Programmers at OpenAI, an artificial intelligence research company, recently taught a gaggle of intelligent artificial agents — bots — to play hide-and-seek. Not because they cared who won: The goal was to observe how competition between hiders and seekers would drive the bots to find and use digital tools. The idea is familiar to anyone who’s ever played the game in real life; it’s a kind of scaled-down arms race. When your opponent adopts a strategy that works, you have to abandon what you were doing before and find a new, better plan. It’s the rule that governs games from chess to StarCraft II; it’s also an adaptation that seems likely to confer an evolutionary advantage.
So it went with hide-and-seek. Even though the AI agents hadn’t received explicit instructions about how to play, they soon learned to run away and chase. After hundreds of millions of games, they learned to manipulate their environment to give themselves an advantage. The hiders, for example, learned to build miniature forts and barricade themselves inside; the seekers, in response, learned how to use ramps to scale the walls and find the hiders.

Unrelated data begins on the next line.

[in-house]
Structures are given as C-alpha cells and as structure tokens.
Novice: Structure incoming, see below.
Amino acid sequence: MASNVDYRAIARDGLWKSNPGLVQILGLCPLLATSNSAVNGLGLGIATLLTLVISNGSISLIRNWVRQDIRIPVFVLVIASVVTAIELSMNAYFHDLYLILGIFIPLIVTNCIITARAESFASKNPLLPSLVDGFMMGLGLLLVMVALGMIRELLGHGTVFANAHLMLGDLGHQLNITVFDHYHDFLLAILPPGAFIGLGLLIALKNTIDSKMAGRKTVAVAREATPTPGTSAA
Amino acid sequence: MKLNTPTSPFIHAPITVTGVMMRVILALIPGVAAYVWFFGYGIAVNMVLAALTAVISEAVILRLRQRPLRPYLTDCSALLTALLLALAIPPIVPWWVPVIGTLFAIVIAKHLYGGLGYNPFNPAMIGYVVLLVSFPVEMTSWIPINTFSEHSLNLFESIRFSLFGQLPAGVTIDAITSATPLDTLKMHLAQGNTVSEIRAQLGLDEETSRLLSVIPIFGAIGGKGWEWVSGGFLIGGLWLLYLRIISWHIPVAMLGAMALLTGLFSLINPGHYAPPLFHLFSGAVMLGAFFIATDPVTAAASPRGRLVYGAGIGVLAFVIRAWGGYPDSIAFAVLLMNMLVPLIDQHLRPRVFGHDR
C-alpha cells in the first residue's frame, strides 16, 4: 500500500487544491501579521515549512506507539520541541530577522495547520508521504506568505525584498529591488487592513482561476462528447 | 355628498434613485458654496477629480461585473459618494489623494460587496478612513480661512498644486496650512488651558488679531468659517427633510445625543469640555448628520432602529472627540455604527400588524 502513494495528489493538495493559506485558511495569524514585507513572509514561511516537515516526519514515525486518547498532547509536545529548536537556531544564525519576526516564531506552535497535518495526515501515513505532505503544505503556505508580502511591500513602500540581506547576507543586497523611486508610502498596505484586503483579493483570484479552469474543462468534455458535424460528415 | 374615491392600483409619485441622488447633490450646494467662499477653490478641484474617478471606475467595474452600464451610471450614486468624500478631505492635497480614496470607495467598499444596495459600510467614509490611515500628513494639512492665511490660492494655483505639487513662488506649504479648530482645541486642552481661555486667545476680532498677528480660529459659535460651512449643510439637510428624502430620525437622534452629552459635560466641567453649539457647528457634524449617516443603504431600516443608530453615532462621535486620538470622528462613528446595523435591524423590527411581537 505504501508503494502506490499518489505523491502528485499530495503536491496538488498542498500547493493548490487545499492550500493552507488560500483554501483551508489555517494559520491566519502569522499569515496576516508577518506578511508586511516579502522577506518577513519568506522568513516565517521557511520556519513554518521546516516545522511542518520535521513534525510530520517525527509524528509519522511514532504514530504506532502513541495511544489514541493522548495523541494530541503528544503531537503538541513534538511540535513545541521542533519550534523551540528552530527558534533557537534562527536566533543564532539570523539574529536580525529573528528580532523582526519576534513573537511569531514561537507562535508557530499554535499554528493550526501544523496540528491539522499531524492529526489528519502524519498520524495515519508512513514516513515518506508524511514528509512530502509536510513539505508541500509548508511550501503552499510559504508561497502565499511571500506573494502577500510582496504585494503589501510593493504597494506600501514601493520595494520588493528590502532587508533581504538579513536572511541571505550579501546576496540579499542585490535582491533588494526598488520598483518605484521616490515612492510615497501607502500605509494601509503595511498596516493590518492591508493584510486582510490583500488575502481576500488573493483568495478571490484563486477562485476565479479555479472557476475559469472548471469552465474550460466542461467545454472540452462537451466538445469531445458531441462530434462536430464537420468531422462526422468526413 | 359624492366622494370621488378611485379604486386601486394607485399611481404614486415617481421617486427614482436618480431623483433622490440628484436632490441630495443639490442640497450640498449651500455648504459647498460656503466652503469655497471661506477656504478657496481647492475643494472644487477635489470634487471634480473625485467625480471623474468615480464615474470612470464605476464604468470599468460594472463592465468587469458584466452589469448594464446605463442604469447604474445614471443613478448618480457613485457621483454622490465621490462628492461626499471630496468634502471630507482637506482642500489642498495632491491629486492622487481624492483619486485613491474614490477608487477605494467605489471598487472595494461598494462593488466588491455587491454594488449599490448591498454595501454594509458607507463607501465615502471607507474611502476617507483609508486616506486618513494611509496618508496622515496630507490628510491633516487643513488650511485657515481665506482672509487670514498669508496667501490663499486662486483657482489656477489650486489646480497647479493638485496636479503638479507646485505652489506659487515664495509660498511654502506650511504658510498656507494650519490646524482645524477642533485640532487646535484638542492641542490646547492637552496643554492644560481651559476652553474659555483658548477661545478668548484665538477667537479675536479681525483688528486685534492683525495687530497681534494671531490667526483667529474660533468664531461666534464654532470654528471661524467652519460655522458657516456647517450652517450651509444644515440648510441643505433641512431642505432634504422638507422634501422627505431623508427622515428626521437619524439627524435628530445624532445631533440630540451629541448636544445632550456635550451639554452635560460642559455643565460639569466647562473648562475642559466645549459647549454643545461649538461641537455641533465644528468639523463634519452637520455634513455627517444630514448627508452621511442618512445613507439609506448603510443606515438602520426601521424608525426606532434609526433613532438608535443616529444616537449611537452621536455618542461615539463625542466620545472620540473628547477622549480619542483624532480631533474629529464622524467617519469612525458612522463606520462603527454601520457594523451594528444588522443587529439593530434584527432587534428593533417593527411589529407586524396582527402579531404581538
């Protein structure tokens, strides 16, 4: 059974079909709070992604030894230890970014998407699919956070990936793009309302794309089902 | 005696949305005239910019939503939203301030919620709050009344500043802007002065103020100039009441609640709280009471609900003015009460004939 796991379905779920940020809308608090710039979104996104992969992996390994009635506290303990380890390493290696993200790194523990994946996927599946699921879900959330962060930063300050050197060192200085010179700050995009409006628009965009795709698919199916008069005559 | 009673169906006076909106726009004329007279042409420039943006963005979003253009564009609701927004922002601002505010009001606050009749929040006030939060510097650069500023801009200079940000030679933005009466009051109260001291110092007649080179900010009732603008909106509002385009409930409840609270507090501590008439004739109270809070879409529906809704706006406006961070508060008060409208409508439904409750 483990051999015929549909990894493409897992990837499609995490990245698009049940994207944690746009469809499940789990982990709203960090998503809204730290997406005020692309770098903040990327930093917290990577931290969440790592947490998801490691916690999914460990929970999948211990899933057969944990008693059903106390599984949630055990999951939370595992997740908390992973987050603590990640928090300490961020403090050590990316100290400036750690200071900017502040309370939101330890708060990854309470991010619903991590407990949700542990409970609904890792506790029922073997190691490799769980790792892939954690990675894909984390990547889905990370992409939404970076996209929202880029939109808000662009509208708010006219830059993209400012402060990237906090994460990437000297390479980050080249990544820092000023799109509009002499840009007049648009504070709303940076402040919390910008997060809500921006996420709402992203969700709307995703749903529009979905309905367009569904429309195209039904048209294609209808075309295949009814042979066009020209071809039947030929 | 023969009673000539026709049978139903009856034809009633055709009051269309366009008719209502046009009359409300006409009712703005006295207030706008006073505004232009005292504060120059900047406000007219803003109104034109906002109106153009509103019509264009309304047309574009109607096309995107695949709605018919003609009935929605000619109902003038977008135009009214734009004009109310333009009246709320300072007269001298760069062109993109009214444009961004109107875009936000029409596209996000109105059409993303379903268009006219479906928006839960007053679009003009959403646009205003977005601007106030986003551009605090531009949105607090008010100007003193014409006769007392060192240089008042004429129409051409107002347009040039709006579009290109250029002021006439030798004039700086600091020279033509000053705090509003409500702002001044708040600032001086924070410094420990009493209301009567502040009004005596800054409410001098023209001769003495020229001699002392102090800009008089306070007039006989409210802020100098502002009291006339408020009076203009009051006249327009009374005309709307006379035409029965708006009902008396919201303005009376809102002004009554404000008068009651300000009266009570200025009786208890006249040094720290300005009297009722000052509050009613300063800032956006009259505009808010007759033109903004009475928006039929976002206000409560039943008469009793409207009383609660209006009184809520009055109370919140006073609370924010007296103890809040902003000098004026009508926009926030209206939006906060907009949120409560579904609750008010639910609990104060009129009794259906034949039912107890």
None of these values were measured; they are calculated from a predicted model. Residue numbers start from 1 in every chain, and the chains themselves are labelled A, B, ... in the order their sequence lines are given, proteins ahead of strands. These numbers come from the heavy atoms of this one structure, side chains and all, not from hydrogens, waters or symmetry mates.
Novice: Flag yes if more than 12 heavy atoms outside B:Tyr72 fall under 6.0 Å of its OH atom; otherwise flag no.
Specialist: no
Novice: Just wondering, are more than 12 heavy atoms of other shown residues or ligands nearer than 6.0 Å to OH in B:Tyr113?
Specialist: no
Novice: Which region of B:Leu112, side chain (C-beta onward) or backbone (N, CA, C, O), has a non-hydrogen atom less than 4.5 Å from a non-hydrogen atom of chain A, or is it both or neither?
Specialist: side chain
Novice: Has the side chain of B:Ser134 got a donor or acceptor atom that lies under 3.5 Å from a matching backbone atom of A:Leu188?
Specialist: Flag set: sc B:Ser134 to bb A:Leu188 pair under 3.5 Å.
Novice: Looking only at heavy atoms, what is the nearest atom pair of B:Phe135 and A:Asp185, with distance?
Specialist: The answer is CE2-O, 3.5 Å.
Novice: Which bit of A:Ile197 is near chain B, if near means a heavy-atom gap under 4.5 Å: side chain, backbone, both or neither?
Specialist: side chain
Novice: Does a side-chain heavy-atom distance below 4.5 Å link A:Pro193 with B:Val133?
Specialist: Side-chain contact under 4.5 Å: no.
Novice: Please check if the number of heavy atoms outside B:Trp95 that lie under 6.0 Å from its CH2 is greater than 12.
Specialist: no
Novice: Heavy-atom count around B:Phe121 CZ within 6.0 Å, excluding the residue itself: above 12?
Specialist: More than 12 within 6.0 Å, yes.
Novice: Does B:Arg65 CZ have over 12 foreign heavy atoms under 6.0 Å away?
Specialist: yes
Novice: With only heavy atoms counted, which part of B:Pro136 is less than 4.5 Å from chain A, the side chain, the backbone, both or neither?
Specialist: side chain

These actions showed how AI agents could learn to use things around them as tools, according to the OpenAI team. That’s important not because AI needs to be better at hiding and seeking, but because it suggests a way to build AI that can solve open-ended, real-world problems.
We were not expecting [box surfing] to happen, but it was exciting when it did.
Bowen Baker, OpenAI
“This was an impressive use of a tool, and tool usage is incredible for AI systems,” said Danny Lange, a computer scientist and vice president of AI at the video game company Unity Technologies who wasn’t involved with the hide-and-seek project. “These systems figured out so quickly how to use tools. Imagine when they can use many tools, or create tools. Would they invent a ladder?”